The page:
Book VI, Chapter XXXVIII
Which tells the account of a great danger faced by a resident of the city of Panama, which proved his remarkable ability to swim, and of the manner in which it saved his life when very few in the world would have avoided drowning if the same had happened to them.
Translated by Emilie Rose Parker ’22
In Chapter XXXII I made mention of a new treatise written by a well-educated gentleman, called Silva de varia lección (Miscellany of Various Lessons), and in my honest opinion it is one of the most enjoyable texts out of those I have seen in our Spanish language. Among other gentle tales and admirable events he recalls, there is tale of a man’s swimming prowess, which he believes is the origin of the fable of Nicolao the Fish-man; he also mentions various stories of great swimmers, especially of a man called Colan the Fish, a native of the city of Catania in Sicily, and of others, as the reader can see in the aforementioned text. And this has reminded me to make a note here of a story I will develop more fully when we arrive at Book XIII of this first part of the General History of the Indies. I learned, and it was true, that a good man named Andrea de la Roca, a neighbor of the city of Panama, had an experience that makes me think that in the matter of swimming this man has shown and proven himself to be the best swimmer alive today, or the greatest one there has been in a long time. In my opinion, all that the gentleman Pedro Mexía writes of those great swimmers in his Miscellany of Various Lessons pales in comparison to what I will now tell; because for a man to swim for his pleasure or necessity is very different than to be tied and dragged underwater by the strength of a great marine animal at such speed that no swift horse or deer on earth can be as swift or as fast. Many times I have seen in this grand ocean a ship going at full sail, with fair weather and a long and powerful wind, such that in a day it could travel one hundred leagues or more, and the sharks, mako sharks, tuna, dolphinfish and other fish travel alongside the ship, as fast or faster than the ship, swimming around it many times, as fast as a very fast man would run compared to a three-year-old child; and it seems to me that such fish swim faster, without comparison, much faster than the ships, no matter how many sails they have. All this being true, listen, reader, to a very extreme and astounding tale about swimming, a tale well-known by many people presently living who know this Andrea de la Roca as well. As a man of the sea he was the steward in charge of overseeing the Indians working in the pearl fisheries of this island of Terarequi, off the coast of the Southern sea, fifteen leagues from Panama. One day, like other times, he wanted to go harpoon fishing for his enjoyment, to catch some good fish from a canoe. He saw a ray or manta and launched his long harpoon, wounding the ray, which, being injured, swam to deep water with the greatest swiftness that can be described, and the rope of the harpoon followed the fish with the same momentum; disastrously, it clung to Andrea’s foot in such a way that he was snatched from the canoe and dragged underwater, the ray pulling him away from the canoe for more than a league. And in that league one could say that he swam more than fifteen, because many times the ray took him fifty or one hundred fathoms under the water; but he had such strength, breath and sense, that being a strong young man and a great swimmer, he was able to grab onto the rope, loosening it from around his foot and freeing himself. But based on this, and according to the judgment of most, it was because the harpoon got stuck in the bones of the ray, mortally wounding it, and in the space that it traveled, dragging the fisherman and bleeding out, it became weak and lessened its speed, giving Andrea the opportunity to untie himself from the rope. More truthfully, neither his or any other man’s stamina nor ability would have been enough to avoid drowning, if he had not been aided by the Mother of God, to whom, as he himself later told me, he entrusted himself so devoutly, as his emergency required. And from where he untied his foot from the rope to the surface of the water he went up more than thirty fathoms, and swam more than a league to his canoe near the Indians, who picked him up more than two hours after the ray snatched him from it. This happened in the year 1519, as has been said. And because it may seem doubtful to many that a man could be under the water for that long, especially under so much stress and effort, talking to him about this, he told me that he was pulled under and reemerged from the water more than twenty times. But it is known to many in that land that any time this man wanted to be underwater for an hour, he did it; since I have not seen it, although I know him and have dealt with him, on this matter of the time he can spend underwater, I do not want to persuade the reader to believe it or doubt it. But as far as what has been said is true, the ability this man had for such an activity must be clear. He told me that the ray had been as large as the weapons cabinet which hung in the house of governor Pedrarias Dávila, where we were when he informed me of what I have written here, in the year 1521, in Panama City—that it had been at least two and a half yards wide and three in length, which is a 44-span circumference; and it was because of the huge size of these rays that the sailors gave them the name mantas or blankets.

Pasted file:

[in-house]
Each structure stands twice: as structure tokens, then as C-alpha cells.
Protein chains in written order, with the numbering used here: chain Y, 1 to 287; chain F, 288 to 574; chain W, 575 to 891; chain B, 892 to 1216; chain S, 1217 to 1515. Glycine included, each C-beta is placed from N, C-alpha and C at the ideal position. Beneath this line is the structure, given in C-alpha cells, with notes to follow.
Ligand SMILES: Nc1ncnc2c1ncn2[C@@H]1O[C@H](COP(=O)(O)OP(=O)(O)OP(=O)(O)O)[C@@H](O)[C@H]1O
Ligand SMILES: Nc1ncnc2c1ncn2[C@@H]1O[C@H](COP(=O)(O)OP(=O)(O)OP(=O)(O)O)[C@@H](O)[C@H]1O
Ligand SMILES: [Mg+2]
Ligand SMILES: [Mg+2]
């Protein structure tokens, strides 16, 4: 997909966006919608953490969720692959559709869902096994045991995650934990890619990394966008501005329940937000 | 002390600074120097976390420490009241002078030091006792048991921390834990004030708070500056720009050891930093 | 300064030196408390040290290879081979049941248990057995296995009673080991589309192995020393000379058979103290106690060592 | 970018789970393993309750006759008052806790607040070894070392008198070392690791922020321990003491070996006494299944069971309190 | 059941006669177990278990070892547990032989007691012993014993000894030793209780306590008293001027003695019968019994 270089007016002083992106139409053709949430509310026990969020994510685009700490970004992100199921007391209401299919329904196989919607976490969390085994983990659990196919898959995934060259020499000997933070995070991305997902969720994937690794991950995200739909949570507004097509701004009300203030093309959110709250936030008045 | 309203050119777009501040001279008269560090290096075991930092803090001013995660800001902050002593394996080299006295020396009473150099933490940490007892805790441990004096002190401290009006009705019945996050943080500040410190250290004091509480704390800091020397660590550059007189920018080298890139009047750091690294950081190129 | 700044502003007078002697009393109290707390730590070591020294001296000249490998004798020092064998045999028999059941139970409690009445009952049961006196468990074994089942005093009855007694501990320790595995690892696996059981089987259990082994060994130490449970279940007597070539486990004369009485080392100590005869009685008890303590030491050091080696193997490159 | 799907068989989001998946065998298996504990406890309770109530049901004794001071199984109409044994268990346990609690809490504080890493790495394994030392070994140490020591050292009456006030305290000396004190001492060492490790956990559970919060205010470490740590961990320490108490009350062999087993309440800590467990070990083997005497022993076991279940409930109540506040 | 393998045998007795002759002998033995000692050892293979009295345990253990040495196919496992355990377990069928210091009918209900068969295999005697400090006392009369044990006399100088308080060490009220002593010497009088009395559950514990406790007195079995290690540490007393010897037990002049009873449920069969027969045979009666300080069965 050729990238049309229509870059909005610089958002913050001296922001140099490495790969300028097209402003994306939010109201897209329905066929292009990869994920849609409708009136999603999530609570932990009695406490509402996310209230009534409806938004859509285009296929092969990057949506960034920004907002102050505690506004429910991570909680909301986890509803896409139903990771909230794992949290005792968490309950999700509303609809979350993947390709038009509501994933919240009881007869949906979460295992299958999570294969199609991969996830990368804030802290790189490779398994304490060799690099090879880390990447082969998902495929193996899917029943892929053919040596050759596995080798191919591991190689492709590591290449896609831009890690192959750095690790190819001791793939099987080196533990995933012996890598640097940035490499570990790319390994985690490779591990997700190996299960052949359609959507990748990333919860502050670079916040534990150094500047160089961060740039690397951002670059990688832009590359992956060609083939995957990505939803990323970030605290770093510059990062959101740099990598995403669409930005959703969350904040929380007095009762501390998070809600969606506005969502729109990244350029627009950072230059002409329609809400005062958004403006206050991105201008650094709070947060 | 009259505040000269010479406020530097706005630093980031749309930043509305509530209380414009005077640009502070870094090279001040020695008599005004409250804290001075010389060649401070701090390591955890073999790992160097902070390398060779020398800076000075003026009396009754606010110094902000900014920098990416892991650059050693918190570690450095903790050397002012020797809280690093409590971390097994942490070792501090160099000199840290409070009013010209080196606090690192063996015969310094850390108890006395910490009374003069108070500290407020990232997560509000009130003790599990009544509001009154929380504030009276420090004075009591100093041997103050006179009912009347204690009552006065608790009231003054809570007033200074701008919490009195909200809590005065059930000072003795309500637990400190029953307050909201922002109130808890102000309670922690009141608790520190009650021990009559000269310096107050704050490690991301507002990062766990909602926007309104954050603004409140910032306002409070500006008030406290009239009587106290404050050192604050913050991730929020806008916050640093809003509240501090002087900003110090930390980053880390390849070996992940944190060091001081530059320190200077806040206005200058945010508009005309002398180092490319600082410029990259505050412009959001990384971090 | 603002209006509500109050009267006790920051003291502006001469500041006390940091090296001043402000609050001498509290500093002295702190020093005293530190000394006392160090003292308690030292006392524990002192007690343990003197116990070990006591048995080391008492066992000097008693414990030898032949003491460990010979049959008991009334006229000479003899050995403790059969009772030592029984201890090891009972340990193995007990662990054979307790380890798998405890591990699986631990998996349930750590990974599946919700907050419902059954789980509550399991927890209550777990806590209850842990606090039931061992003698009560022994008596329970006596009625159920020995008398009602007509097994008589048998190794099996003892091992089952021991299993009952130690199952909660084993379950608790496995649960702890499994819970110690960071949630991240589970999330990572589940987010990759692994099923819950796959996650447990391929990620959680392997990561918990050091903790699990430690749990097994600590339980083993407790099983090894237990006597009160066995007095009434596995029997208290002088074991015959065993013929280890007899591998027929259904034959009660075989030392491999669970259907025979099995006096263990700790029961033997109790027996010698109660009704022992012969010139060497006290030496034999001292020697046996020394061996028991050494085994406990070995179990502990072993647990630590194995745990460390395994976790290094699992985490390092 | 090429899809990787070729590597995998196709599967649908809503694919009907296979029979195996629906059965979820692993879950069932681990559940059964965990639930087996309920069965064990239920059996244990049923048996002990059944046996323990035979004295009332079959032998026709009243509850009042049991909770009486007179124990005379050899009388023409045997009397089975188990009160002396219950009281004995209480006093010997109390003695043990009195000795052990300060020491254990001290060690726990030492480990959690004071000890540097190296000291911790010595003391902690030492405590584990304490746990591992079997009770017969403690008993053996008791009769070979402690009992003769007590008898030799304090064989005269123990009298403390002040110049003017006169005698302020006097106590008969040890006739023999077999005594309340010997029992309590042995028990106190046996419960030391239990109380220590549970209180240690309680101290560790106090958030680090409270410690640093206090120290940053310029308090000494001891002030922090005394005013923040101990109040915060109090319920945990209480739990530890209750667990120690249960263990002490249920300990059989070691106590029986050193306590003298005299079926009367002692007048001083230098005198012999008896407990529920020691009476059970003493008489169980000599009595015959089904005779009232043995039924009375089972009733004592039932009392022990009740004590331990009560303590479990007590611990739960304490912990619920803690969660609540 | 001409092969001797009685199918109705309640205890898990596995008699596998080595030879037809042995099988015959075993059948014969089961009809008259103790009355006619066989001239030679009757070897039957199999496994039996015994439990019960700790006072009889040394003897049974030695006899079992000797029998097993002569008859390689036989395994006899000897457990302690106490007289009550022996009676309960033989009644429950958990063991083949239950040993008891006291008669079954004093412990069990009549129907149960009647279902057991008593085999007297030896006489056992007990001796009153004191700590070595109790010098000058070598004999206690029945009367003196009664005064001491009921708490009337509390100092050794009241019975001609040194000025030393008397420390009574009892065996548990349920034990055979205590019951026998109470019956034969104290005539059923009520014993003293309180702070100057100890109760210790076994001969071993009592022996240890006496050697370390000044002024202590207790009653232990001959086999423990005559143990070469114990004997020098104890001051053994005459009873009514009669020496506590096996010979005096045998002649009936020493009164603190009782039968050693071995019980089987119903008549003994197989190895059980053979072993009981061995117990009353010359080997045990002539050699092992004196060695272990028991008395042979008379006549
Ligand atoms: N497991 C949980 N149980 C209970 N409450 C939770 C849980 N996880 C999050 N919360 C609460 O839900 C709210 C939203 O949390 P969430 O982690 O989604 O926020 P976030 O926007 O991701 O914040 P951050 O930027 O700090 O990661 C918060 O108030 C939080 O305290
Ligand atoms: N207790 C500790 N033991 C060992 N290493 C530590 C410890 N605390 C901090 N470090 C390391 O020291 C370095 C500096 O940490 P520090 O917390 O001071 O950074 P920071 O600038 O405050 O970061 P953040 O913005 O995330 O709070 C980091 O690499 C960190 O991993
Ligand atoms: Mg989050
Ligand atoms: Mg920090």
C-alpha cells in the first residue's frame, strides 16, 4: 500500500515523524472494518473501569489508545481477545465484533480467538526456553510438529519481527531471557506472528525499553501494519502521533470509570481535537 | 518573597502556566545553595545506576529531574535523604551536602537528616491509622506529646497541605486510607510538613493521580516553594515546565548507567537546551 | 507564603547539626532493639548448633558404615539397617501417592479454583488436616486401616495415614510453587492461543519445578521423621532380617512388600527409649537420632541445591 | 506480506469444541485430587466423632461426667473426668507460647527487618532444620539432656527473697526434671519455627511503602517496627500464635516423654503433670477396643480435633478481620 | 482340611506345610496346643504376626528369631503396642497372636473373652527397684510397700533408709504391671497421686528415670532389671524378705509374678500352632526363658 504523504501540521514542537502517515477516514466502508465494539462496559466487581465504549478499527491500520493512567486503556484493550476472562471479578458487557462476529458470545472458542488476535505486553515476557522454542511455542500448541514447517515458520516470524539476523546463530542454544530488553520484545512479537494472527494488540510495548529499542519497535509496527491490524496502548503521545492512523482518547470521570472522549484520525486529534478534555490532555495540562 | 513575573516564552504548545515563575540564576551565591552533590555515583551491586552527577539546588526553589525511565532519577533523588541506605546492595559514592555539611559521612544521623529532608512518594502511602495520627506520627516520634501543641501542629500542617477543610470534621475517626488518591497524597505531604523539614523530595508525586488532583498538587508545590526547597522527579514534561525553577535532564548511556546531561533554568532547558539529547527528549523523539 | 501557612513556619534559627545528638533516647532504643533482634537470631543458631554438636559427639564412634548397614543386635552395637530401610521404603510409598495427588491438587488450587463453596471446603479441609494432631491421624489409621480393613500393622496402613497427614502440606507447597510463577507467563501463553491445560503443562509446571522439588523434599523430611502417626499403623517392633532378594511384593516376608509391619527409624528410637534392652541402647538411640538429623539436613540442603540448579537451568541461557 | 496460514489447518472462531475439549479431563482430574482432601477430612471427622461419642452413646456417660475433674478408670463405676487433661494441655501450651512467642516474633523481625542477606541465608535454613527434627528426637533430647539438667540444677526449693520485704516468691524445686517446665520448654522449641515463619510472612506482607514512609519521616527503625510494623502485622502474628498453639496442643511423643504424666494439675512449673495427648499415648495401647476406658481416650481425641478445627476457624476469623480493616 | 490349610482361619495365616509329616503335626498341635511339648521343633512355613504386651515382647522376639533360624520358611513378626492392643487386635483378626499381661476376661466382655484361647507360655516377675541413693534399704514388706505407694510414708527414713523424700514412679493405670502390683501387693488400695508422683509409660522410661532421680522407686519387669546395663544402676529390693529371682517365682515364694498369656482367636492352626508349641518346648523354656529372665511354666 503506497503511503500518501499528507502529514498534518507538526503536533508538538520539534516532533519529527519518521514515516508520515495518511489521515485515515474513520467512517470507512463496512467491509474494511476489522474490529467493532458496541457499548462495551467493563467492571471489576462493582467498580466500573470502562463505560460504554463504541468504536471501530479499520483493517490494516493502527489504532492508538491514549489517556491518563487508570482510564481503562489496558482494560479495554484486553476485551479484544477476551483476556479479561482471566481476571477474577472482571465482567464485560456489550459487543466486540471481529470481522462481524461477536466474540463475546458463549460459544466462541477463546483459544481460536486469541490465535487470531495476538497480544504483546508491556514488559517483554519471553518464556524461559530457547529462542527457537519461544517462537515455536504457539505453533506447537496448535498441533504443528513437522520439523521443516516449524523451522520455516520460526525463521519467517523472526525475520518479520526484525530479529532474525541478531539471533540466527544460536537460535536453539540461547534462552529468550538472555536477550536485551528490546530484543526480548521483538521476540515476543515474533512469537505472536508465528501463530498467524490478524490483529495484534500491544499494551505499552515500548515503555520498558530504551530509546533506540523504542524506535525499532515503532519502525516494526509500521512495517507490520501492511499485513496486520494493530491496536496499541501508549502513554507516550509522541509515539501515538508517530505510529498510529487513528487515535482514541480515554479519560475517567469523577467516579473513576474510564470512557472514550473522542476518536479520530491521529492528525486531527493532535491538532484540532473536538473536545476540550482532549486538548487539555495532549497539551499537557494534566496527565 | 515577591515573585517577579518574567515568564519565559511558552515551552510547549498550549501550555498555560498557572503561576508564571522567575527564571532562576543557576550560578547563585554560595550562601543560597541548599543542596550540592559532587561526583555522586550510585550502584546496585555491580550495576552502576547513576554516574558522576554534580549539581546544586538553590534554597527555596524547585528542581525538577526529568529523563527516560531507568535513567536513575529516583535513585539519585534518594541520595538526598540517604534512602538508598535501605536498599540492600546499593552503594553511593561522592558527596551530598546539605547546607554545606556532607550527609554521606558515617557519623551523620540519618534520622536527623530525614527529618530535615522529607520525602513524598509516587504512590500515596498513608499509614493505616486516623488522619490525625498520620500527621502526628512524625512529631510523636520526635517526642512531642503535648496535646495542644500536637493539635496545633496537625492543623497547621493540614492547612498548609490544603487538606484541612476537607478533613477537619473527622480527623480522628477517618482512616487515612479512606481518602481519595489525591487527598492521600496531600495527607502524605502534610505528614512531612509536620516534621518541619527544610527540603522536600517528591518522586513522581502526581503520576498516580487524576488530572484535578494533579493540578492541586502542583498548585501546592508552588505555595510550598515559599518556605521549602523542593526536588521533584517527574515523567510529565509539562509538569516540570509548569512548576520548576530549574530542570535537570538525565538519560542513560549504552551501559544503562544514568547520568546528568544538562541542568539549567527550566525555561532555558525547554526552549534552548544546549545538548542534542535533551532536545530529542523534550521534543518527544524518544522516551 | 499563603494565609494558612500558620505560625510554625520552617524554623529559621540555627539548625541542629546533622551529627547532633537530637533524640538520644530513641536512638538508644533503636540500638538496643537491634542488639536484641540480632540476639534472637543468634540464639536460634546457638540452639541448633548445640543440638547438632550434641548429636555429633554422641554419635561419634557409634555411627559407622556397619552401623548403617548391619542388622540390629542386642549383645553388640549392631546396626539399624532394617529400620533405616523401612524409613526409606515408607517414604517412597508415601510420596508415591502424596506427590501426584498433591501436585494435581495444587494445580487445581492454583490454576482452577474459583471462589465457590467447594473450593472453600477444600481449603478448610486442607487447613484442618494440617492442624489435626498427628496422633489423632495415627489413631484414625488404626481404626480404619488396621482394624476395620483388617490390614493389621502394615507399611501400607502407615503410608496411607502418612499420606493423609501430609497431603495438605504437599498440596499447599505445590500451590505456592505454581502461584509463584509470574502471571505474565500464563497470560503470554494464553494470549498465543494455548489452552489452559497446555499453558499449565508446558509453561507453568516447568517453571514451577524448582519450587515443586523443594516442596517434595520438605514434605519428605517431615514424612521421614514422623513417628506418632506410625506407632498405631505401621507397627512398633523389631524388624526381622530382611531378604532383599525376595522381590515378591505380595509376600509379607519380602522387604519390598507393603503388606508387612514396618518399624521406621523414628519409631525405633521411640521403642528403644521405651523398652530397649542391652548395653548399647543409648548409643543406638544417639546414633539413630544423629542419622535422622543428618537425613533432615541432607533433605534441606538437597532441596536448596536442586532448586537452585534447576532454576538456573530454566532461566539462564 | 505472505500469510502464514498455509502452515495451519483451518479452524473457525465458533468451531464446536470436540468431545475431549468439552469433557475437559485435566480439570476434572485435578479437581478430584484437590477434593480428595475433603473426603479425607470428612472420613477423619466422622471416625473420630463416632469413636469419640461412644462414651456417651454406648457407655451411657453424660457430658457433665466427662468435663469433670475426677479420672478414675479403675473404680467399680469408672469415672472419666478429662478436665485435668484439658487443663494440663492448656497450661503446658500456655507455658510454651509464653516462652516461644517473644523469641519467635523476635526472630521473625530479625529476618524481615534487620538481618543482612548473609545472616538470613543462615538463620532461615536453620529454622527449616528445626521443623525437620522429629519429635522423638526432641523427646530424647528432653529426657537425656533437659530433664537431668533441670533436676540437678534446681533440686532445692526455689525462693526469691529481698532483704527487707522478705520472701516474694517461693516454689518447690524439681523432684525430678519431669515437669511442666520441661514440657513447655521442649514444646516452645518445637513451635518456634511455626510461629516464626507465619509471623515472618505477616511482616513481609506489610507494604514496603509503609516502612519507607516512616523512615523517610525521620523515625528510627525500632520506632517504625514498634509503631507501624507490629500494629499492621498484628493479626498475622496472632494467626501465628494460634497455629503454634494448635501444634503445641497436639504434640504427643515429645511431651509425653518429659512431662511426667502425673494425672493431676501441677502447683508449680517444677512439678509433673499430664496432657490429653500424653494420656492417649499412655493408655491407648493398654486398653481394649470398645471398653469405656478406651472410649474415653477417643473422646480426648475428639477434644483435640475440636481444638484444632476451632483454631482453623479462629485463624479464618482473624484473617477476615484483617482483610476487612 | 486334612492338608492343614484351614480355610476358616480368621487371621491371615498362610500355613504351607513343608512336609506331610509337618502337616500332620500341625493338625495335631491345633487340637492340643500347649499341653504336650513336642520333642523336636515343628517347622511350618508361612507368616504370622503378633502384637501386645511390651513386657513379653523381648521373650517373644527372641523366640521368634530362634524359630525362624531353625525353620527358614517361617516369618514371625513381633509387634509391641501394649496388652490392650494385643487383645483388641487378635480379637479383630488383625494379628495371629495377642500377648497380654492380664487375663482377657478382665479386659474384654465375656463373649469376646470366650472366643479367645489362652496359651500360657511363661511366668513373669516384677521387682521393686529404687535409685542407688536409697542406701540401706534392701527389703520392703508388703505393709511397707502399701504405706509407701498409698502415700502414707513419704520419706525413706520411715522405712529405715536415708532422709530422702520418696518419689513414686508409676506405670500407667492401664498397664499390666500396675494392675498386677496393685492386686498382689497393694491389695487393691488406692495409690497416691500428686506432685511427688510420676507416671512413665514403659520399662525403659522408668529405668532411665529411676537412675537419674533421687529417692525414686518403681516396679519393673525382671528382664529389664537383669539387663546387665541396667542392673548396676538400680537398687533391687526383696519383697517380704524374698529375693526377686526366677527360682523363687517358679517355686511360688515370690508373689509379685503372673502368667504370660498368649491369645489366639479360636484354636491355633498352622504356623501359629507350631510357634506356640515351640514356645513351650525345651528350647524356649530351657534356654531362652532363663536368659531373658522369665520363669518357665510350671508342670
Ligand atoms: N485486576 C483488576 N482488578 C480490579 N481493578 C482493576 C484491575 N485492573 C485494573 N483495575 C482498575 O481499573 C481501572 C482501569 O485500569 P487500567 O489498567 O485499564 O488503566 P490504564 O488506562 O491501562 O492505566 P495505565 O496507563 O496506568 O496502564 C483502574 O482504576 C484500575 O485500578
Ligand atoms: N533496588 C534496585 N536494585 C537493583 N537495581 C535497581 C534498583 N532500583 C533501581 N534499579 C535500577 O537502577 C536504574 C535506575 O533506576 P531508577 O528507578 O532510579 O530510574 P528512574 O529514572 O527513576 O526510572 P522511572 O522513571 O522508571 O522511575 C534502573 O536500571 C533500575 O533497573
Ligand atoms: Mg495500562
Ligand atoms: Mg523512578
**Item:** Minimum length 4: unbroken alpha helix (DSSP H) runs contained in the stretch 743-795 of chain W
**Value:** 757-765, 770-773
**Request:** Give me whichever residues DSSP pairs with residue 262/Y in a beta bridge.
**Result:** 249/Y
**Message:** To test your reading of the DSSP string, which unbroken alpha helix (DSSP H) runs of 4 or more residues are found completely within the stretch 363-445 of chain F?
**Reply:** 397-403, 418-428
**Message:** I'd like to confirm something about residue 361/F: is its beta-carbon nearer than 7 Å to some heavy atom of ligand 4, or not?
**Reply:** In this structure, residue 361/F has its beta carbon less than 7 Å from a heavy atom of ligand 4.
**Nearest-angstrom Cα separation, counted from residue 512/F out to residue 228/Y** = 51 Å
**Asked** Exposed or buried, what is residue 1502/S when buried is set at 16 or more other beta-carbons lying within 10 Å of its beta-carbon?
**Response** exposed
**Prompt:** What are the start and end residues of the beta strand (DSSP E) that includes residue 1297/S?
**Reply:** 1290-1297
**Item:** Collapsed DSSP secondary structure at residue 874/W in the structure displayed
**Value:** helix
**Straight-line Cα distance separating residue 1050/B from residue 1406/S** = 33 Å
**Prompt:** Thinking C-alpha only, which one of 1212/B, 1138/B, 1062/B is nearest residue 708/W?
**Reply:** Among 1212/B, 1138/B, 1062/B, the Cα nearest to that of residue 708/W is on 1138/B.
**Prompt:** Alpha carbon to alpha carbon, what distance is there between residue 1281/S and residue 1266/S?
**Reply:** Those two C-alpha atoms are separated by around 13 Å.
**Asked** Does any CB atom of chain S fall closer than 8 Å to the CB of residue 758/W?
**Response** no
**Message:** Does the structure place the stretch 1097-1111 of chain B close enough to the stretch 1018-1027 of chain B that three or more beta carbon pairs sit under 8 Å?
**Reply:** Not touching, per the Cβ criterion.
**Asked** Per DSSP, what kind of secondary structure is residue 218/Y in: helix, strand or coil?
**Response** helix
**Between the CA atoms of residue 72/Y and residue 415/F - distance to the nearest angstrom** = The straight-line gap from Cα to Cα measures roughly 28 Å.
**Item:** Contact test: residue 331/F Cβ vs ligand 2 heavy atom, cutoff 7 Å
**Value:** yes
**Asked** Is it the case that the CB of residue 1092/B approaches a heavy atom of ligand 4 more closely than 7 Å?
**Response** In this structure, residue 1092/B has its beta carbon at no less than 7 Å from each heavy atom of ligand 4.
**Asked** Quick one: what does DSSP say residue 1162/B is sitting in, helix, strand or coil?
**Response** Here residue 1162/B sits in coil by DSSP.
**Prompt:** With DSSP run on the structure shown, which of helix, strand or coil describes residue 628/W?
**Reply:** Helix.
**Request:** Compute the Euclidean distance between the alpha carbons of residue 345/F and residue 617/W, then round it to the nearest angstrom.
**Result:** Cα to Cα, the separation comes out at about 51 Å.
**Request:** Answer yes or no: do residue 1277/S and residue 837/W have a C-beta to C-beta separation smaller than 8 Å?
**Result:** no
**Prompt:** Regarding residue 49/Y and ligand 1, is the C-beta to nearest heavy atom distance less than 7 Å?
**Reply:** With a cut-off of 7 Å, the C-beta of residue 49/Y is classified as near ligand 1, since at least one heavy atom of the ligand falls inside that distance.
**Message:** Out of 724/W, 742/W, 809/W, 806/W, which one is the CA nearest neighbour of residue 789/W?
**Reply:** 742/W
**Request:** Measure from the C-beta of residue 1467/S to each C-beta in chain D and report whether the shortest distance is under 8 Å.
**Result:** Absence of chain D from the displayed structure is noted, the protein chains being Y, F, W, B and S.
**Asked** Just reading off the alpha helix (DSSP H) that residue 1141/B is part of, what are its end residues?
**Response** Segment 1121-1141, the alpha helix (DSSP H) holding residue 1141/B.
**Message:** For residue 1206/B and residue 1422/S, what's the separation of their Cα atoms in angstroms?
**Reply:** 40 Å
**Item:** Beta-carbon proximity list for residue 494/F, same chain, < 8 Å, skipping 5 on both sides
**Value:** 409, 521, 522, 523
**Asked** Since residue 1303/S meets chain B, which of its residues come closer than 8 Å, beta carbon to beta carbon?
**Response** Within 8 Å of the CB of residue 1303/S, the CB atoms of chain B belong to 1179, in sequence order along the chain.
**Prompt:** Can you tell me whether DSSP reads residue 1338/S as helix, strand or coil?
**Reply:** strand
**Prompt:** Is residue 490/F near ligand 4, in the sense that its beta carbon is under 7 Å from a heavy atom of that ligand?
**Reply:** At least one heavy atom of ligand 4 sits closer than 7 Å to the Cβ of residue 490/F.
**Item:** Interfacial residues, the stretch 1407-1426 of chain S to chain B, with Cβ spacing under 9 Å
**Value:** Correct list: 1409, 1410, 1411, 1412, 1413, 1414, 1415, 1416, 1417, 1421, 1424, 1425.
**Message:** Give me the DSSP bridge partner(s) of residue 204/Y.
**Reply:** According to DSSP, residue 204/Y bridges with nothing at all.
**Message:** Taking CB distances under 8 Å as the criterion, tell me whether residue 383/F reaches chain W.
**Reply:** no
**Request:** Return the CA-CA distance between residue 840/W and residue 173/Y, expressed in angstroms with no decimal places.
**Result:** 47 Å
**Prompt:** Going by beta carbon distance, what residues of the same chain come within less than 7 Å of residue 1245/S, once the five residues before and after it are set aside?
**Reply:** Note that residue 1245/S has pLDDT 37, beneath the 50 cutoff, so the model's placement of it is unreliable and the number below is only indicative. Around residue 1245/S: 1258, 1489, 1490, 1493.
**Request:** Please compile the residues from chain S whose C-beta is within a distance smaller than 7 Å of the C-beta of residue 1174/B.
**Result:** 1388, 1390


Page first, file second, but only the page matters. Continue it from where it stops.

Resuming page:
Silva de varia lección, Chapter 23, 1st part.
Image: Oil painting by Edward Orme in 1814.